Social Justice through Project Based Learning

Last week, I sat down with Joanna Klekowicz and Ryan York, co-founders of The Gathering Place, a proposed new public charter school focused on art and social justice through projects, to talk more about their journey as school founders.

Sukh: What inspired you to create The Gathering Place?

Joanna: In our experiences, both as students and as educators and leaders, we found that there is a large disconnect between school and the real world. Our current education system values standardization, compliance, and conformity. The real world, including our rapidly evolving global economy, values creativity, critical thinking, and innovation. At The Gathering Place, we’re committed to breaking down the walls between school and the real world in order to unleash the creative genius within every child.

Ryan: The spark that started it all came from students and teachers themselves. In our previous work, we built and scaled a project-based computer science program that grew to serve over 10,000 children across the country. We heard the same refrain from students in dozens of schools: why can’t all of school be a place where I work on things that matter to me and that matter in the real world? We also saw the most bewildering phenomenon: the most transformational teachers, regardless of district or charter settings, were most often working counter to their administration. Instead of implementing the frequently changing initiatives, they were finding ways to quietly create the space for their students to pursue their passions and to create the change they wanted to see in the world. These conversations and observations ignited our dream to design and co-found a very different type of school.

Project Based Learning and Equability

Sukh: Your passion for this work is very clear. How did you get involved in education in the first place?

Ryan: I grew up in a family of musicians. By the time I graduated college, I was the executive director of a nonprofit youth music and arts organization in middle Tennessee. Every day, I saw the remarkable impact art had on children, which was juxtaposed against a growing obsession with standardized testing that was leading to the removal of art in schools. This injustice led me to the classroom, where I first started as a district teacher in Nashville, then became an instructional coach, and ultimately, a principal.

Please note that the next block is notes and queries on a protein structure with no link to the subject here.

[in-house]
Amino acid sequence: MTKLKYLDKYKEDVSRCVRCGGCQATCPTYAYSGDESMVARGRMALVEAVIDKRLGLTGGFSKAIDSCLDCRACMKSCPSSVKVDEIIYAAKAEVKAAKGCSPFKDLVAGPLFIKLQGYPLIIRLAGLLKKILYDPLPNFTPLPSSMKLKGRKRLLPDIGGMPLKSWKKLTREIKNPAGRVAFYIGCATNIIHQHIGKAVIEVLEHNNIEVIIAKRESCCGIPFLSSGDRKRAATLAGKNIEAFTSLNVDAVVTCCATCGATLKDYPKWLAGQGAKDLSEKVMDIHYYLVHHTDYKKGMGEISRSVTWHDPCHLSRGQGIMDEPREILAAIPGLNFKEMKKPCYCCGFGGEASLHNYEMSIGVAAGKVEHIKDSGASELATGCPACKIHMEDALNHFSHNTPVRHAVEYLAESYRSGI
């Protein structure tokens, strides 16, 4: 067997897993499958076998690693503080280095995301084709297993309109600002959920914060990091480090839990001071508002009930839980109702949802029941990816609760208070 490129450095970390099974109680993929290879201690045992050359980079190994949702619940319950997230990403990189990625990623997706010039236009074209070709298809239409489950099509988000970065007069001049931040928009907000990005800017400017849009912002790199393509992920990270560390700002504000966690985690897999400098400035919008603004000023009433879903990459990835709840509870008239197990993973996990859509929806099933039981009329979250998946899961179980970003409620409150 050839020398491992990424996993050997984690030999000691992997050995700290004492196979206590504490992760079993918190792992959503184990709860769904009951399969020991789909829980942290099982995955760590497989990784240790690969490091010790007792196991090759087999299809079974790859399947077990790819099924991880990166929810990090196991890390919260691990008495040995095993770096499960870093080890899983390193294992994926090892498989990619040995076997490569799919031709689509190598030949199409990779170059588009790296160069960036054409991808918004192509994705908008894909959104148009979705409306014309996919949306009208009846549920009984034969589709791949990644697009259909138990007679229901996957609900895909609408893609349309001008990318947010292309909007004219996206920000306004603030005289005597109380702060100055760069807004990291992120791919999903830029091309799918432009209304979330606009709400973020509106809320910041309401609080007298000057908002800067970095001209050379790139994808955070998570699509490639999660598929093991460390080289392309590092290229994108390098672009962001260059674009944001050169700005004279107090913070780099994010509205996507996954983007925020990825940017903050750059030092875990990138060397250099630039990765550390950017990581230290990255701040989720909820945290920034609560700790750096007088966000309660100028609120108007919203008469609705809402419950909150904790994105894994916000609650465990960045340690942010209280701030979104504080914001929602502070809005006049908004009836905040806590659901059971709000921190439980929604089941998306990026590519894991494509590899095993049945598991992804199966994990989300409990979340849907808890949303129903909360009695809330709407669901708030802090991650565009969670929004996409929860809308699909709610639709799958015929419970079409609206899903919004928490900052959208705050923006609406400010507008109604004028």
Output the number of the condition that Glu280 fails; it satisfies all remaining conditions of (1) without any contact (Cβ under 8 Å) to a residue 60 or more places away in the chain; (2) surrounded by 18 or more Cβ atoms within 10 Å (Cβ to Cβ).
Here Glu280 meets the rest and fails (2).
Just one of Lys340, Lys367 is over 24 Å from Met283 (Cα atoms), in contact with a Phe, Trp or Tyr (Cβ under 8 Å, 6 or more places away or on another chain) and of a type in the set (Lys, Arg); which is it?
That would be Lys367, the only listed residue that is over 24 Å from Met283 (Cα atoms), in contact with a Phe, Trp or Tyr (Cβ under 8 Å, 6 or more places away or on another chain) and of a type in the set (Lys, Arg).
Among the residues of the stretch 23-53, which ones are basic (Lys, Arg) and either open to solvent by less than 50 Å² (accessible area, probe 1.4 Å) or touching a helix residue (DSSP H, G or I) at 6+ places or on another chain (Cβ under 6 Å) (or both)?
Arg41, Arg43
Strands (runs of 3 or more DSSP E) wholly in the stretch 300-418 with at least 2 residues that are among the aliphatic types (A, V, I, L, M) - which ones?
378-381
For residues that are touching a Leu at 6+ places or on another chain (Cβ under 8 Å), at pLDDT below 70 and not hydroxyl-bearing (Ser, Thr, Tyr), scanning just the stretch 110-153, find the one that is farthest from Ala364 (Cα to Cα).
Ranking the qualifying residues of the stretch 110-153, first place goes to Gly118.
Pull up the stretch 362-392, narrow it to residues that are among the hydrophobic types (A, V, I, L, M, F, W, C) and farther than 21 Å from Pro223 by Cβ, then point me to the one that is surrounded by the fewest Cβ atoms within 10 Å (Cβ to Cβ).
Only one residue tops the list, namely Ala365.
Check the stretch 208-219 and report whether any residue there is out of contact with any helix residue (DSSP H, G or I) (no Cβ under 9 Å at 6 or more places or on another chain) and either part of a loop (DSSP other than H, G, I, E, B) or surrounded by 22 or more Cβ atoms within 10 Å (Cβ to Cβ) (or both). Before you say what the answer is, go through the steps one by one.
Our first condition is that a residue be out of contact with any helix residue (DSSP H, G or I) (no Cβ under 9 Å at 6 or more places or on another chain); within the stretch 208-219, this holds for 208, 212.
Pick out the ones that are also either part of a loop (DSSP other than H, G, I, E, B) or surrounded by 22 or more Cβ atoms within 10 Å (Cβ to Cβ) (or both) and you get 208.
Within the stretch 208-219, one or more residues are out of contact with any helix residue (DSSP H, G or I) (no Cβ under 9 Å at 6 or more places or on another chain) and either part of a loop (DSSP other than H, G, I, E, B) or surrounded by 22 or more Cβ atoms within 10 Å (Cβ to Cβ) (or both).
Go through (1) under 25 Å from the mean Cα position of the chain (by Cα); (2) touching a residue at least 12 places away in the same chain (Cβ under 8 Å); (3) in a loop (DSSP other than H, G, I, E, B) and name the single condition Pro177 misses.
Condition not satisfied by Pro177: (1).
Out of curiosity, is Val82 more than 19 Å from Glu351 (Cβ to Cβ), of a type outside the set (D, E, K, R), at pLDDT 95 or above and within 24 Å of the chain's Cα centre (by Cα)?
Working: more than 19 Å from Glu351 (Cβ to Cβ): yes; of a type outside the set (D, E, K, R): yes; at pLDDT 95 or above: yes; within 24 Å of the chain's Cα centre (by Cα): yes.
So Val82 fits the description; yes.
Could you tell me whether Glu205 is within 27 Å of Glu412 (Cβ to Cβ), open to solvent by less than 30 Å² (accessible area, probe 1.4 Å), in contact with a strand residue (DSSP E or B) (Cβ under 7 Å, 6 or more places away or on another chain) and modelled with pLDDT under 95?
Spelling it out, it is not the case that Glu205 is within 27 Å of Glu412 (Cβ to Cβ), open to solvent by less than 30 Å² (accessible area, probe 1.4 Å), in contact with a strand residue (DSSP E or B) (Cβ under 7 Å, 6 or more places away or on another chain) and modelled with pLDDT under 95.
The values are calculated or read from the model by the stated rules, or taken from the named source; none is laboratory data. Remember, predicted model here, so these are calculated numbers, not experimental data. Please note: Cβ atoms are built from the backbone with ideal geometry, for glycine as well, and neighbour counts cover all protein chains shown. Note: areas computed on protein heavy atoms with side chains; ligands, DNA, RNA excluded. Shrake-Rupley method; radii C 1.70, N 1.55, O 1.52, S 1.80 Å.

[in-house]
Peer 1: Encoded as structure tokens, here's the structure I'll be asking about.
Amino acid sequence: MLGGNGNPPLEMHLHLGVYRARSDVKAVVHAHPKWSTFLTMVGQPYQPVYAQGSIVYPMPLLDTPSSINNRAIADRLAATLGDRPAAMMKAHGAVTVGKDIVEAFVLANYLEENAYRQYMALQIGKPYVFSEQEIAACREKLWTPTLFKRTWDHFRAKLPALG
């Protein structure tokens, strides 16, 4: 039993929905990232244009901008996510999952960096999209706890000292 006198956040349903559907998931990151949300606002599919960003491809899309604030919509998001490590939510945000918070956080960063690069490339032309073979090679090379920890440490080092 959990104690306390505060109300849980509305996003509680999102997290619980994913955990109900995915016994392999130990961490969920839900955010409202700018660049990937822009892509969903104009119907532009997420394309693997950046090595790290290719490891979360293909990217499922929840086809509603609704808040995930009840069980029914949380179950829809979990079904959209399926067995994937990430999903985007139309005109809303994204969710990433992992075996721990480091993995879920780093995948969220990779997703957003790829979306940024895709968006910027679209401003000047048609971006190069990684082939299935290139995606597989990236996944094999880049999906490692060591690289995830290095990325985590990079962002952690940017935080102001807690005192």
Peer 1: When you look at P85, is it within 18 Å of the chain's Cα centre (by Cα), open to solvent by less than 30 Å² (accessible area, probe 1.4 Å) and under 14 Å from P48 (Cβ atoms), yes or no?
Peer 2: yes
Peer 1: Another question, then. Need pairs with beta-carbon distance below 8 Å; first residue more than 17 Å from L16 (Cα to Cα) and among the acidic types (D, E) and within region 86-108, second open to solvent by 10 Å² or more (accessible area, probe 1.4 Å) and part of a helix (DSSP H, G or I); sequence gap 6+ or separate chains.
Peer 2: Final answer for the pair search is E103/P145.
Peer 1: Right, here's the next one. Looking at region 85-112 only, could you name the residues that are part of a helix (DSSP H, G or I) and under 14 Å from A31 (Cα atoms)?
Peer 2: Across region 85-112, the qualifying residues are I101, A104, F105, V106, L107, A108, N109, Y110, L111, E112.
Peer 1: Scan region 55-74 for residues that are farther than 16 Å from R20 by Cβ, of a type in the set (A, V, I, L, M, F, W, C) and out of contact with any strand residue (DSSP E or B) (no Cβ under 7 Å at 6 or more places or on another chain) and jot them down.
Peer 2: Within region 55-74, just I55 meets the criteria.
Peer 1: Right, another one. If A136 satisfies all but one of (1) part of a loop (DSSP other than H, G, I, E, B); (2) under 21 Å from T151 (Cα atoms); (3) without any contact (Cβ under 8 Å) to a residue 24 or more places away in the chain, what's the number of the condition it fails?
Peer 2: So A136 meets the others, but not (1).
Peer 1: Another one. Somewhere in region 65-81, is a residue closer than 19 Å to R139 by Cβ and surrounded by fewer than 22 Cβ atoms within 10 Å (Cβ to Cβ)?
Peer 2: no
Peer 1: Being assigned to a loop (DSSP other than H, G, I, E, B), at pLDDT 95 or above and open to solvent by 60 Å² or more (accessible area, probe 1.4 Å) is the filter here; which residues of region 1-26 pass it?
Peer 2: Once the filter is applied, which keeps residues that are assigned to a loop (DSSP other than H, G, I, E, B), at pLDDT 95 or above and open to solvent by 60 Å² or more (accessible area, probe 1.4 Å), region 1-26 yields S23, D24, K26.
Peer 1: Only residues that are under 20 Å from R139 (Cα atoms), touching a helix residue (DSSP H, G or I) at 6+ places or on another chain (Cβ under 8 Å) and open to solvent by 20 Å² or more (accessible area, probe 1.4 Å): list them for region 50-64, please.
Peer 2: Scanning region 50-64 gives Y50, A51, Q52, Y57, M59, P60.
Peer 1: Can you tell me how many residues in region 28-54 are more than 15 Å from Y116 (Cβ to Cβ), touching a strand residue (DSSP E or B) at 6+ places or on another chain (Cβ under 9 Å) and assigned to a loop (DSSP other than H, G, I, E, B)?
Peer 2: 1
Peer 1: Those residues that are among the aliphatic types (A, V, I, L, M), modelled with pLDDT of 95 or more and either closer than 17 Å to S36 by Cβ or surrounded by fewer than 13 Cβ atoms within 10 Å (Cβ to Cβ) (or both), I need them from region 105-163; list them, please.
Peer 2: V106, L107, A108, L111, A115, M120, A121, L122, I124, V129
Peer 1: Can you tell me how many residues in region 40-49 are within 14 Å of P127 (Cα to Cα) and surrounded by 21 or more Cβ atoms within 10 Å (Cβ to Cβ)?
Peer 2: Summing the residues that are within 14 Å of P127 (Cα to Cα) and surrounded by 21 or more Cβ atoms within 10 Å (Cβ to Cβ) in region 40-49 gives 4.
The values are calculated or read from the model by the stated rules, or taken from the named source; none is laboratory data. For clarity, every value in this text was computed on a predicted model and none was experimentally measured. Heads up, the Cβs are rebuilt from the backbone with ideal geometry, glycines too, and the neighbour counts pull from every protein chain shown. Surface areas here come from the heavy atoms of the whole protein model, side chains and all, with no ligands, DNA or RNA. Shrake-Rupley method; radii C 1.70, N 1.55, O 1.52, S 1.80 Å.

Joanna: As for me, I joined the movement for educational equity after witnessing the injustice of the school-to-prison pipeline while tutoring inmates. They would often share their stories, and in each one, there was a pattern of not having had belonged in school. They would name how their passions, their cultures, their identities were never seen or affirmed. I thought that was heartbreaking because school should be a place where every child fully belongs. I realized then that education, and creating spaces where everyone fully belongs, was my calling.

Sukh: You’re two years into your journey. Tell us about the beginning - when did you decide to take the leap?

Joanna: The spark we mentioned earlier had continued to get bigger and brighter, and we realized that instead of just dreaming and talking about how school could look different, we needed to build it into reality. We quit our jobs, pooled our savings, and committed to co-founding The Gathering Place. We spent a year immersing ourselves in developing skills that would directly apply to launching a new start-up. I went out to D.C. and helped open a new school, and Ryan went out to the Bay area where he managed principals and helped lead an organization through a community co-visioning process. Each month, we would meet in a different city where we would visit with cutting-edge schools, continuously researching and developing the concept for our school. Then, in the summer of 2018, we went all in. We had no funding, we were not part of any program or fellowship, and we had no jobs. We used our savings to prototype our model through a free summer camp - and we’ve been building, iterating and prototyping ever since.

K-12 Arts Education Models.

Sukh: Fast forward a few months, and you are now participating in our inaugural City Education Partners’ Innovative Schools Fellowship. How has this fellowship impacted your work?

Ryan: One of the biggest problems in creating substantial change in education is access to funding. Even though the original vision for public charter schools was for them to become vehicles for educators to create new school models and practices that could then be shared widely with all public schools, ironically, few educators are able to leverage this vision. Because there are no funding structures that support educators in the earliest phases of entrepreneurship, many innovative educators end up either leaving the profession or becoming disengaged. City Education Partners is the first organization working to change that reality here in Texas.

Joanna: When City Education Partners invited us to apply for the first-ever Innovative Schools Fellowship last fall, we were thrilled. We were select